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I'm reviewing some legacy VB6 code using WordPad (since I don't have VB6 installed). After many of the variable declarations at the module level, I see a second line that sets some sort of attribute for the variable, as shown in the example below. It appears that the attribute number, 1073741852, is the same for all of the declarations.

Public testPath as Integer
Attribute TestPath.VB_VarUserMemID = 1073741852

Since I don't have the code open in VB6, I'm not sure if the attribute lines are visible in the VB6 ide.

Does anyone know the significance of this attribute?

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why can't you open in VB6? –  Mitch Wheat Jun 10 '09 at 5:19

2 Answers 2

I looked up this page, which has text of a VB based bas module.

And it seems, the attribute is to maintain the order of declaration(?).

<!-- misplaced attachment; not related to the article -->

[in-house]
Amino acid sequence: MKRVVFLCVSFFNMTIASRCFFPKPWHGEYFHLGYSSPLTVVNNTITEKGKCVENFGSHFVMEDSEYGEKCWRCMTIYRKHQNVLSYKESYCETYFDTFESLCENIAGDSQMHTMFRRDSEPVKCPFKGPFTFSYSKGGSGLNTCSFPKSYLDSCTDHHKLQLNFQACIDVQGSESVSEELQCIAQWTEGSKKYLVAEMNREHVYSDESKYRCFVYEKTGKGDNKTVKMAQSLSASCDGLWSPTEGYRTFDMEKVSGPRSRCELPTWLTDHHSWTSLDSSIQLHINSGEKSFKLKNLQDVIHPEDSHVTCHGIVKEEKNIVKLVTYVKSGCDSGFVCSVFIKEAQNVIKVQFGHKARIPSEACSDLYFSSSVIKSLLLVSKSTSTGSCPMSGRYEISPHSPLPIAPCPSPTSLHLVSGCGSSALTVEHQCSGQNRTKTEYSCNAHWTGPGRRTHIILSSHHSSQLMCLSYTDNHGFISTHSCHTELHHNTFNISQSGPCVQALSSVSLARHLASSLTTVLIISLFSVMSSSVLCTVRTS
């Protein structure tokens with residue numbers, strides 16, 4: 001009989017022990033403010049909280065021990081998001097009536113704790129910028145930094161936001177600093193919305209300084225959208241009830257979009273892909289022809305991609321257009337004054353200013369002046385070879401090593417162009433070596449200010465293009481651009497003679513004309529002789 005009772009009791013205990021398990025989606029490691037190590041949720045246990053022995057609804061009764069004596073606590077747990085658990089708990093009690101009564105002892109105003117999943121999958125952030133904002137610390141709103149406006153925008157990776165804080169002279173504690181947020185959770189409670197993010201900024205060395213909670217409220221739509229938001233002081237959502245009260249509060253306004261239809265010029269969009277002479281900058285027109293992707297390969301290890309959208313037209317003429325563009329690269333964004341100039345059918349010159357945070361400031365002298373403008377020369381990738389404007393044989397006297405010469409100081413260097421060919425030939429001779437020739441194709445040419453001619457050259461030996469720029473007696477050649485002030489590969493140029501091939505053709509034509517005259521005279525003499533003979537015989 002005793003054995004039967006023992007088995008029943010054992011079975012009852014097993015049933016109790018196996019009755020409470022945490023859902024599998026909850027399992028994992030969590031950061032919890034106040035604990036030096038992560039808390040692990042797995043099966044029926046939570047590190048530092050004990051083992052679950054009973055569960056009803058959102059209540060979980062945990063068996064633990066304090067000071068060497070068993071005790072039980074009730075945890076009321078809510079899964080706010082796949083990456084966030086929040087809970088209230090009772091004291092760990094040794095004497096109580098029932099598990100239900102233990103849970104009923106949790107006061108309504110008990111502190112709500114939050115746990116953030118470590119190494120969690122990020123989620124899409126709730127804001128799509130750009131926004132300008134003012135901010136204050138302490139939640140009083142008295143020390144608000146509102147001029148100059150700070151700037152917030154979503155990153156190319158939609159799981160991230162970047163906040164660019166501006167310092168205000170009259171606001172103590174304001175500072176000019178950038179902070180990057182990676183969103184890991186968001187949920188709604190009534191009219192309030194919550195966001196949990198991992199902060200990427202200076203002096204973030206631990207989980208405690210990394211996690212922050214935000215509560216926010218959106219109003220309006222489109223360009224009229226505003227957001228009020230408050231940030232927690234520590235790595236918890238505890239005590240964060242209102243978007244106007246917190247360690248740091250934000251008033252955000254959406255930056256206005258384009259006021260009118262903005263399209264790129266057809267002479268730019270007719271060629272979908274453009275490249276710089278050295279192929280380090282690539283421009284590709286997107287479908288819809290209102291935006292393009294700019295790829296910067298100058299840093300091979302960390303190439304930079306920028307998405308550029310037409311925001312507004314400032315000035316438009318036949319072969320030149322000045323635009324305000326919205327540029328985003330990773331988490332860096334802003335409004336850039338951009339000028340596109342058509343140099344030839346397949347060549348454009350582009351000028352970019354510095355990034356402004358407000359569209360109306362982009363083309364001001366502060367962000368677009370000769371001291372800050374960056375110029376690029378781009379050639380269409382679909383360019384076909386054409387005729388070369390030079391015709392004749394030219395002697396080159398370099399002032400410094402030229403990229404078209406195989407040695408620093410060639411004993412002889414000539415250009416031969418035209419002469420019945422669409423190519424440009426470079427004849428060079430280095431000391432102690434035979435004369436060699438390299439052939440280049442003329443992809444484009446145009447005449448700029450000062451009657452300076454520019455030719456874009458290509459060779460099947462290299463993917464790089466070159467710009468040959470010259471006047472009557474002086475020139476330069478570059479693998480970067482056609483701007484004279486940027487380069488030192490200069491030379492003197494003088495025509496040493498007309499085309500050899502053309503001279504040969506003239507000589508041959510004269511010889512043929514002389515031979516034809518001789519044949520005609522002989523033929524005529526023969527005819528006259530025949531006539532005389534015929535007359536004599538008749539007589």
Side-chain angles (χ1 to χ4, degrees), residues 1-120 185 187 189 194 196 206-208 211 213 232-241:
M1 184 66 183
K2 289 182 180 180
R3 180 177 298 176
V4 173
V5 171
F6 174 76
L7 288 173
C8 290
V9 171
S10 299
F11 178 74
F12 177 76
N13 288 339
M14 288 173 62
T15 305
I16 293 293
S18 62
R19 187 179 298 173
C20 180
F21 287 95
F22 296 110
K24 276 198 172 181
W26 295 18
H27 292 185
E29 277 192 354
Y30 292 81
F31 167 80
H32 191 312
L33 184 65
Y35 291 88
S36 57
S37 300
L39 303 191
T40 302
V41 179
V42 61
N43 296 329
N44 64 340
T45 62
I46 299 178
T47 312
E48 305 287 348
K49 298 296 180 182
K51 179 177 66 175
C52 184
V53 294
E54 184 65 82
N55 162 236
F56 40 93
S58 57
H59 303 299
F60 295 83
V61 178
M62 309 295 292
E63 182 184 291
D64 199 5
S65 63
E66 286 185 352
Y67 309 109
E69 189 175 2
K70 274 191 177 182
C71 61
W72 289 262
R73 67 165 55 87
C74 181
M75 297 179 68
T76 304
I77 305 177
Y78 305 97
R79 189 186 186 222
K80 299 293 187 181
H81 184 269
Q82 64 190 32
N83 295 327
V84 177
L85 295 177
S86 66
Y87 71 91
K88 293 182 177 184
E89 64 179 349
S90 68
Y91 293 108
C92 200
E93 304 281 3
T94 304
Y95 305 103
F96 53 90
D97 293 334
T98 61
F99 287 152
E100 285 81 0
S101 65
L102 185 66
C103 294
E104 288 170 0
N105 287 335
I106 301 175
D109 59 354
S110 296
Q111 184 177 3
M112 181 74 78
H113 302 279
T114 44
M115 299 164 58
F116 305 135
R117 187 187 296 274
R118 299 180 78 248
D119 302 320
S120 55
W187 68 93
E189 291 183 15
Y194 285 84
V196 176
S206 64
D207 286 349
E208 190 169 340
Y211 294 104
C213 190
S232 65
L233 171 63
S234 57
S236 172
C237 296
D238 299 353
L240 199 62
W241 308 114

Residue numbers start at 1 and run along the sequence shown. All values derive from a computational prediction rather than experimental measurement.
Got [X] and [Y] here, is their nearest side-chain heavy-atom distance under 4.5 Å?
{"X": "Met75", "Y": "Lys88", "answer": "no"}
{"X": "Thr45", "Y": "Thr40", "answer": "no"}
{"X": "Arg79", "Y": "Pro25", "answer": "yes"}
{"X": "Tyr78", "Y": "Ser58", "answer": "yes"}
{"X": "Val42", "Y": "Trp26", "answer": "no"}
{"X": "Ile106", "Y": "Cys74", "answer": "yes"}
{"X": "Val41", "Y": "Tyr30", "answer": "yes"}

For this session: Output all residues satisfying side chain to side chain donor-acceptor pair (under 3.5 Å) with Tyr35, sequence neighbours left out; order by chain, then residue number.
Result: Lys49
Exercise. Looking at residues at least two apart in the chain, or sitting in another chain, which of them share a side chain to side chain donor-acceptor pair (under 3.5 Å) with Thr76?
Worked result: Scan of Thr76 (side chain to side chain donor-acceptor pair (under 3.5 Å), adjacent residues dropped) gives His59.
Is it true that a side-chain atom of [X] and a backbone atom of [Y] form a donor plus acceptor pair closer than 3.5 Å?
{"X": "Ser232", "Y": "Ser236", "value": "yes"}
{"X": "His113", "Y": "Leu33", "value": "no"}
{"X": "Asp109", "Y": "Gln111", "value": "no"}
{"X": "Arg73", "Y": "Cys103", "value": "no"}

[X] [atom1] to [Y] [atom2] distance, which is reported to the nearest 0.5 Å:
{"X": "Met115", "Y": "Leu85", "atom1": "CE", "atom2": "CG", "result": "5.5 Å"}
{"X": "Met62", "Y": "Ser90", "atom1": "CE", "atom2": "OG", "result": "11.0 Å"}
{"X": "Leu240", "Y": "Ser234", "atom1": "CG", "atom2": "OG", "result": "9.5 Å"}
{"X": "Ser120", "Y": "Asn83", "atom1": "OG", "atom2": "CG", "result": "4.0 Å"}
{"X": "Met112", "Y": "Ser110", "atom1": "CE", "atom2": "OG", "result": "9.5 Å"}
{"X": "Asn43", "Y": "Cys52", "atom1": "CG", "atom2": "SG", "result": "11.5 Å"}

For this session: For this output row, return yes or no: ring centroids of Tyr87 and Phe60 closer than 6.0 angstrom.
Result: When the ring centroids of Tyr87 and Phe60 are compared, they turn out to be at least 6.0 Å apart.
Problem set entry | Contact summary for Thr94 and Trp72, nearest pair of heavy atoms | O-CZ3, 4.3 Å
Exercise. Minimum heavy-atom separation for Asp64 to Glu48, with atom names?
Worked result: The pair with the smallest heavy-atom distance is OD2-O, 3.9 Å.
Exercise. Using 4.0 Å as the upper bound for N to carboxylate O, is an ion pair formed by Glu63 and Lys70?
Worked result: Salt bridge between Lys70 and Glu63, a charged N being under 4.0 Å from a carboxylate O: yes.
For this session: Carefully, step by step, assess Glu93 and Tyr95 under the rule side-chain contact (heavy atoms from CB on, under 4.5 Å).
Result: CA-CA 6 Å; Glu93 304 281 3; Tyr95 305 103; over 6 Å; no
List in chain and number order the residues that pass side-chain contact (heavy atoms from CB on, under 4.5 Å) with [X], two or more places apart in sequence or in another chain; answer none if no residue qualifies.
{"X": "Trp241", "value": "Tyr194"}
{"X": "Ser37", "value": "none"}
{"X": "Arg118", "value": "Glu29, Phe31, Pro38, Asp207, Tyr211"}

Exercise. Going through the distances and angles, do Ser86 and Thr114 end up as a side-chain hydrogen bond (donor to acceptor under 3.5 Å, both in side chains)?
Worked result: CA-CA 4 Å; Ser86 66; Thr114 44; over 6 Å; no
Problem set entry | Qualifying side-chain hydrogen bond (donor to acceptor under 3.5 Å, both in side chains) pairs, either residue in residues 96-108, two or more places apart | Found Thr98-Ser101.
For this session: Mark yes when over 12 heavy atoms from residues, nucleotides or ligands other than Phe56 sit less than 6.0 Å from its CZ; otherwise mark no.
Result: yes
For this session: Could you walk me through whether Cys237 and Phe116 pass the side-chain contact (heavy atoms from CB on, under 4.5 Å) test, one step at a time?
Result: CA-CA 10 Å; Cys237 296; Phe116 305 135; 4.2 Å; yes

From the name, it sounds like member ID for the variable.

The attribute lines won't be visible in VB6.

Some of the attributes that are applicable to properties/methods can be set using "Procedure Attributes" dialog in VB6 (e.g. make this default property, hide in object browser etc).

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I Googled the VB6 newsgroup. VB stores the attributes for procedures and public variables in lines like this, that aren't shown in the VB6 IDE. You view and edit these settings in the VB6 IDE through the Tools-Procedure Attributes dialog - despite the name it applies to public variables too.

Attribute x.VB_VarUserMemId represents the procedure ID assigned to the property/method. The values can be important in COM. E.g. 0 means default property.

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